Nevertheless, even though we need to re-examine our positions and traditions, the Feminist Movement and the Gay Movement, supported by the secular-humanists have been very instrumental in the deterioration of the family in our society and have not made women really free and happy. Women deserve equal wages for equal work, and they deserve the right to vote, and other rights, but the right to engage in military combat, to function as a man in a marriage or partnership, or to be more accepted relative to sexual promiscuity and having children out of wedlock have not made women happy. These movements and some of these activities have undermined her womanhood and instead of elevating her have deprived her of benefits and privileges belonging to the fairer sex. (My wife forced me to write this.)
In the home of Abraham Altars in 1809 Thomas Campbell stated the slogan that has become the most often quoted non-biblical saying of the American Restoration Movement. “Where the Scriptures speak, we speak, and where the Scriptures are silent, we are silent.” Unfortunately the spiritual heirs of Thomas Campbell have twisted its meaning from what he and his son and followers intended and practiced.
As the twentieth century approached the heirs in the developing denomination known as the Churches of Christ applied this slogan in a way to disfellowship those who disagreed with them over disputable matters about which the scriptures were not specifically clear. They said silence was prohibitive. Yet these brethren established unwritten creeds and made laws relative to the silence of the scriptures. They relied upon deductions and inferences in many cases to support their positions. In other words they had a lot to say in areas where the scriptures are silent. The result was that the denomination divided into about two dozen warring sects, each claiming to abide by the slogan. Ironically, the denomination became a microcosm of the problems in the denominations wherein Thomas and his son Alexander wanted to “unite the Christians in all the sects.”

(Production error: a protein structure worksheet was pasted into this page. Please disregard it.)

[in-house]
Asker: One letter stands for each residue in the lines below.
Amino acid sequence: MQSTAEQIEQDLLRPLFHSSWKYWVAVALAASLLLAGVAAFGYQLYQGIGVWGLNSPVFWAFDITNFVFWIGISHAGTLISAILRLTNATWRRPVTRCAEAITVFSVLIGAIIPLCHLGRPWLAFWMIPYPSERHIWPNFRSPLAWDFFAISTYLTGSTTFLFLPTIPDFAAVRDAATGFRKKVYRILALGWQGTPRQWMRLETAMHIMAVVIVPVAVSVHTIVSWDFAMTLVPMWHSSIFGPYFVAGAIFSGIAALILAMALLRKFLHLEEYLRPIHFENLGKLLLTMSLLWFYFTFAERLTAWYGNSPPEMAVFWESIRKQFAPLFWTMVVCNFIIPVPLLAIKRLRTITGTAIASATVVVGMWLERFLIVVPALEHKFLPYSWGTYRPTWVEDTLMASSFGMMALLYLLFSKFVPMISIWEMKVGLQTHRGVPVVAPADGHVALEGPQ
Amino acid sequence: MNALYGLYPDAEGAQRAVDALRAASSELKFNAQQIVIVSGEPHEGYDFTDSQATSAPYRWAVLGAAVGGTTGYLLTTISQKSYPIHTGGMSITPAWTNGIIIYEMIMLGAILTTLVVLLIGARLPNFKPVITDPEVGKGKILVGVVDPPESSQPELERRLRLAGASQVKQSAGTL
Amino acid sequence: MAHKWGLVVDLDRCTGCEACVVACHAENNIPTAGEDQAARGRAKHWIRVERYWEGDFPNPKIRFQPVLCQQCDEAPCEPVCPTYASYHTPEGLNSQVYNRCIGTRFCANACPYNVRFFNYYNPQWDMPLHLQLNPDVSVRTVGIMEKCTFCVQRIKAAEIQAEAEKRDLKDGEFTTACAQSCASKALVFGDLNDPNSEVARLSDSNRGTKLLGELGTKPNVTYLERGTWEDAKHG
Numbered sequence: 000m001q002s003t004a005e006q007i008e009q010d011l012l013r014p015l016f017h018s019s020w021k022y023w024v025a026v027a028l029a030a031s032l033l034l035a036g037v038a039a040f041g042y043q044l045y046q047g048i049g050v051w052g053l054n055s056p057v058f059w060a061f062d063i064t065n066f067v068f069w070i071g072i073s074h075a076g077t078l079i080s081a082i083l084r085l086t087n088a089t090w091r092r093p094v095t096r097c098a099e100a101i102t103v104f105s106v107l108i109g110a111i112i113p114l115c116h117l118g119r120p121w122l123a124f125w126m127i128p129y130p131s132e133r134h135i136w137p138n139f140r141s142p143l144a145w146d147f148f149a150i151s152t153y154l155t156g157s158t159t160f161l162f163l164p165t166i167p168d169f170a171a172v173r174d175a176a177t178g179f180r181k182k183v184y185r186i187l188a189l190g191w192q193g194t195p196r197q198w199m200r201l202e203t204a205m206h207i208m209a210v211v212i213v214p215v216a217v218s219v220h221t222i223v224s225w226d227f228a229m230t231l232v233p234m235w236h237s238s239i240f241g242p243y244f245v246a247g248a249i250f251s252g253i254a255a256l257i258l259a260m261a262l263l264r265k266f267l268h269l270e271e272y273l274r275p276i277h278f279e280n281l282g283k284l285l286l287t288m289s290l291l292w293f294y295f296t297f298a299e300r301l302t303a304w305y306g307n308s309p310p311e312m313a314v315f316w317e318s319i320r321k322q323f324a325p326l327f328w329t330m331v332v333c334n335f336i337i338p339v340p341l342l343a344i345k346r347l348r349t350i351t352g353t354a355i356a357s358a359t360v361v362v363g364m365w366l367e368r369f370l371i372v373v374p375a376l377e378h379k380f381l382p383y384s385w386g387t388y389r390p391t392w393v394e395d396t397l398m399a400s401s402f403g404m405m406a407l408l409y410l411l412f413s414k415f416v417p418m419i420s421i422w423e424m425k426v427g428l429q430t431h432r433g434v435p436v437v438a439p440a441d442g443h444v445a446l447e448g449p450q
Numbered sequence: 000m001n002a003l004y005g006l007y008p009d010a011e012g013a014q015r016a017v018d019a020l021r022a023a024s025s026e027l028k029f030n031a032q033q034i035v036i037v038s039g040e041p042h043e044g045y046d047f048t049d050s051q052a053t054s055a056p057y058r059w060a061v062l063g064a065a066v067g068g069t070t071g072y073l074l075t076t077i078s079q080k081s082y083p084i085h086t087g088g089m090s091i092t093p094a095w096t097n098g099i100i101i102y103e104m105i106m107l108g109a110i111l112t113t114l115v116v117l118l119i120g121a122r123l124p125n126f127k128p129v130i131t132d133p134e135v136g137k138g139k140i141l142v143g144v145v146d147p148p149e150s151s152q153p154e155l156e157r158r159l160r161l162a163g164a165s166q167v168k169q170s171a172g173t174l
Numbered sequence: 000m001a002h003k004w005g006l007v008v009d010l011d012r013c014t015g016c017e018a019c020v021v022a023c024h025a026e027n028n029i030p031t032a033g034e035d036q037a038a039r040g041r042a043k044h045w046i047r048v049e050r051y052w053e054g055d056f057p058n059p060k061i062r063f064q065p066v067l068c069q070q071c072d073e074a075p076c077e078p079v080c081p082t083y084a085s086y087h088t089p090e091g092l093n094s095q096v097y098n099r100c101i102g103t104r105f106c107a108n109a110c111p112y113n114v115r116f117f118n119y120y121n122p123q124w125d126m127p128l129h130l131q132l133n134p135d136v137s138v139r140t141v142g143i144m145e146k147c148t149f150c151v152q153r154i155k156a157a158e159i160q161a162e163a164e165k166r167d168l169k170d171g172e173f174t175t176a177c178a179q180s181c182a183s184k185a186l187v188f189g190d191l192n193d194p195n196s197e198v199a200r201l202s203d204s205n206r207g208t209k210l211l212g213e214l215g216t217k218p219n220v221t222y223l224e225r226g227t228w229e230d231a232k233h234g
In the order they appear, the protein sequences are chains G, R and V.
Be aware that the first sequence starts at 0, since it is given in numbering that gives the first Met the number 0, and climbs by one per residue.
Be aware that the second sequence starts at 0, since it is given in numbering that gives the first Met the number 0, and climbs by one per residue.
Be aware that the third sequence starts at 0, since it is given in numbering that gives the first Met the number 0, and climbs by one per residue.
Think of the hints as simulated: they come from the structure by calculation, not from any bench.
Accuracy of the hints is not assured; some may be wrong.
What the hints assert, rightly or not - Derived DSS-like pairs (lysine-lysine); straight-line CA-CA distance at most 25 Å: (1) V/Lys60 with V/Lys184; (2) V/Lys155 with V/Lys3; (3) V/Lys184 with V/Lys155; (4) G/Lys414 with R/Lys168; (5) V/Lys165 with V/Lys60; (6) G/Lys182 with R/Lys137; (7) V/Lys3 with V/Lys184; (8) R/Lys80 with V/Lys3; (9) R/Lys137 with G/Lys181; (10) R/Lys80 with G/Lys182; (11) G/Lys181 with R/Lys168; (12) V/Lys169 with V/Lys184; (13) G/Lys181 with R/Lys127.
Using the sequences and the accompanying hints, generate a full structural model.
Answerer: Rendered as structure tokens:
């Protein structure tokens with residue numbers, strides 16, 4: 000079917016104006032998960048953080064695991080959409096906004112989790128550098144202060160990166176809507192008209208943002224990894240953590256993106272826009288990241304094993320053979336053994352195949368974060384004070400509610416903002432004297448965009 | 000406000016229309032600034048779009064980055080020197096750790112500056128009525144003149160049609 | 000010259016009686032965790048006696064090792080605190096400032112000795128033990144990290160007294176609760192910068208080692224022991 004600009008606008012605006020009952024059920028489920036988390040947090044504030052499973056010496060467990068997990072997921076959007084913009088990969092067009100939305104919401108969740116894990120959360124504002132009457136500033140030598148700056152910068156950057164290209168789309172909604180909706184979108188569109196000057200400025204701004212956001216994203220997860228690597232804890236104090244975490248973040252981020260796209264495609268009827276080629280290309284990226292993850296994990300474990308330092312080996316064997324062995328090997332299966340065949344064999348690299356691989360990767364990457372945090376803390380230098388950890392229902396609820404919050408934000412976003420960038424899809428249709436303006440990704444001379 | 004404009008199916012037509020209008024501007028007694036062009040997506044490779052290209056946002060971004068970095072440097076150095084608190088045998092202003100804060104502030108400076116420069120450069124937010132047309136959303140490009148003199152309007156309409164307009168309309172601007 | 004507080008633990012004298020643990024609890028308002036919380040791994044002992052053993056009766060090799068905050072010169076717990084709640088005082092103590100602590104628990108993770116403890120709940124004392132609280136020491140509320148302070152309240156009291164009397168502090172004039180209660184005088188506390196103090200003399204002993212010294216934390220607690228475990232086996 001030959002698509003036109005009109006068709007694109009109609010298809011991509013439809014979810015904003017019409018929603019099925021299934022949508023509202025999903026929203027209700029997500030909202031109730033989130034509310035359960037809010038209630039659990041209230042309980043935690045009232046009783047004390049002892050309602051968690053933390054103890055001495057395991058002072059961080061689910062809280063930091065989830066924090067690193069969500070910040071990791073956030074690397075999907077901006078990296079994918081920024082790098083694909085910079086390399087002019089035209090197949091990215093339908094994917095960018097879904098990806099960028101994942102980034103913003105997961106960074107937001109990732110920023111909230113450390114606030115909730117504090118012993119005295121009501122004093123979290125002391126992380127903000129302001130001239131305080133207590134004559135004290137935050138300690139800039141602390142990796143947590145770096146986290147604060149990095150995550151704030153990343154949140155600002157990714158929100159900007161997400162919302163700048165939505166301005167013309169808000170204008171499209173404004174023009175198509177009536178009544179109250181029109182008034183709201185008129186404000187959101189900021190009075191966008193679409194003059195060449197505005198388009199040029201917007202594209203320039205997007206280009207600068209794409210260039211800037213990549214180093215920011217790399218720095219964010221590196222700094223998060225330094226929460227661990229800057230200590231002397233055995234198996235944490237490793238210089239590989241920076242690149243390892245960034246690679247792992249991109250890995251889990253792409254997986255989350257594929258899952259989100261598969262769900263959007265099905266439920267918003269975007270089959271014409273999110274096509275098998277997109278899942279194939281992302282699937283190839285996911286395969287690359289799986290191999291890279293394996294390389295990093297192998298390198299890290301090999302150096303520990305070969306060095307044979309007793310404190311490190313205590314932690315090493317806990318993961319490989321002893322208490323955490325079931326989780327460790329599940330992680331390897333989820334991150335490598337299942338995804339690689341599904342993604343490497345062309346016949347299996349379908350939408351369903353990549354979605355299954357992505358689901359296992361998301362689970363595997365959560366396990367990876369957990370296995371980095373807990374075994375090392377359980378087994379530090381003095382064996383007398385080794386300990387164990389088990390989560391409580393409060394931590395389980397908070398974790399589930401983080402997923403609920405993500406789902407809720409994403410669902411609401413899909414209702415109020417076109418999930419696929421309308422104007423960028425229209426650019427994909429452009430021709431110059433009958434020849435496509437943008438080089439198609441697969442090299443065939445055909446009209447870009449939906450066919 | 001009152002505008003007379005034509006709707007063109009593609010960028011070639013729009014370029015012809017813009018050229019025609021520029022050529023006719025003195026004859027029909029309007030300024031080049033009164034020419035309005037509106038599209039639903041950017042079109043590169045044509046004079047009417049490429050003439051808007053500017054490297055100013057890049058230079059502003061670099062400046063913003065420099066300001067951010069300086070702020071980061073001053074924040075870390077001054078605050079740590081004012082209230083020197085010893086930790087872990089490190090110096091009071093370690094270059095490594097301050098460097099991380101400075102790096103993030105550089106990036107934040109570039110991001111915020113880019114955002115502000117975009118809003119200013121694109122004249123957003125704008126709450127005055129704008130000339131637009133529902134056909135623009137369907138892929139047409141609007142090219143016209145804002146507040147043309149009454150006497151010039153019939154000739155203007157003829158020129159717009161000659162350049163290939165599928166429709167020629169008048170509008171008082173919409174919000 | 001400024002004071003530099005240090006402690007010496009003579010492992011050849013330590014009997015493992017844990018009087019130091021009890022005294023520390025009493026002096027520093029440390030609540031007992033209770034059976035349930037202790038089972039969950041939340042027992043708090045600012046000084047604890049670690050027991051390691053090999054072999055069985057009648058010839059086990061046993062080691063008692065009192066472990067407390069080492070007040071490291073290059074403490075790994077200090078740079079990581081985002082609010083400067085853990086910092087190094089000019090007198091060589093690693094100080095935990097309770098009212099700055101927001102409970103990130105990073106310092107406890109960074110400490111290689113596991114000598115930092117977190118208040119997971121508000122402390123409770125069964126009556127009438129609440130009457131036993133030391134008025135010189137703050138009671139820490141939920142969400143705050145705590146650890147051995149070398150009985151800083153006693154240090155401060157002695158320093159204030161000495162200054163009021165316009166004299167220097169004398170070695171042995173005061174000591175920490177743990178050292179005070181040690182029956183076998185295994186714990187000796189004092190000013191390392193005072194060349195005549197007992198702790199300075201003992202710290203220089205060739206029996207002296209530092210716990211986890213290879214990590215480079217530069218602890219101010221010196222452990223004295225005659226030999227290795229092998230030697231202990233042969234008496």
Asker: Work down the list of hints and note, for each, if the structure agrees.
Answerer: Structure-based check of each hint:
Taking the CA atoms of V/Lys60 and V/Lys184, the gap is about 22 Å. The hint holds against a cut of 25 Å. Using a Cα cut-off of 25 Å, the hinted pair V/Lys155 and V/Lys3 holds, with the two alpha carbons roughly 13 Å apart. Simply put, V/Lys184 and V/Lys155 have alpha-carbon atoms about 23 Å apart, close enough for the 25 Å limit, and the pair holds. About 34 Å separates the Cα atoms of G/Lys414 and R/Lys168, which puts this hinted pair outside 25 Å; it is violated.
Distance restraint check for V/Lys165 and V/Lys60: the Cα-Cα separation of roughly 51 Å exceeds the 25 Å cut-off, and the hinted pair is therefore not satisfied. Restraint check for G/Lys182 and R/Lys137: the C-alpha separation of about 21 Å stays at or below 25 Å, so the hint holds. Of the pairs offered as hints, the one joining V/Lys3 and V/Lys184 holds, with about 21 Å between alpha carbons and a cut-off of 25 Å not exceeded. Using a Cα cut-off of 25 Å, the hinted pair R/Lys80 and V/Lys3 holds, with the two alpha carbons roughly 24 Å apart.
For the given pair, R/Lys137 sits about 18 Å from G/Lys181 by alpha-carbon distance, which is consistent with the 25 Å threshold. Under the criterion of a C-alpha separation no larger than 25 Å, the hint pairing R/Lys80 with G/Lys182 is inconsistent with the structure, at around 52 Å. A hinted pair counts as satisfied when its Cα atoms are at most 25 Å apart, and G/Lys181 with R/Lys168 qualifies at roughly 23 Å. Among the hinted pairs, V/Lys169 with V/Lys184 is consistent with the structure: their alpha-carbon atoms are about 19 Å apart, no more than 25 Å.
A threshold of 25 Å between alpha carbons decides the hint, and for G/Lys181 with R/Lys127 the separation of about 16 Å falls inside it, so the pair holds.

Thomas Campbell and his son and the early restorers did not view the silence of the scriptures as being prohibitive. The intent of that slogan was to not make “disputable matters” tests of fellowship as we have done. This is shown clearly in Thomas Campbell’s third and sixth propositions in his “Declaration Address.” The sixth reads:
Although inference or deductions from Scripture premises, when fairly inferred, may be truly called the doctrine of God’s holy word, yet they are not formally binding upon the consciences of Christians farther than they perceive the connection, and evidently see that they are so; for their faith must not stand in the wisdom of men, but in the power and veracity of God. Therefore, no such deductions can be made terms of communion, but do precisely belong to the after and progressive edification of the Church. Hence, it is evident that no such deductions or inferential truths ought to have any place in the Church’s confession.
Unfortunately, contrary to the intent of Thomas Campbell, to this day, many still tout the slogan to support their theological opinions and interpretations and make them terms of fellowship. In so doing the evil of division is furthered and sustained by an attitude that is anti-Christian, anti-loving, and anti-scriptural. We sin against God by not receiving “one another, just as Christ also received us, to the glory of God” (Romans 15:7).
J. James Albert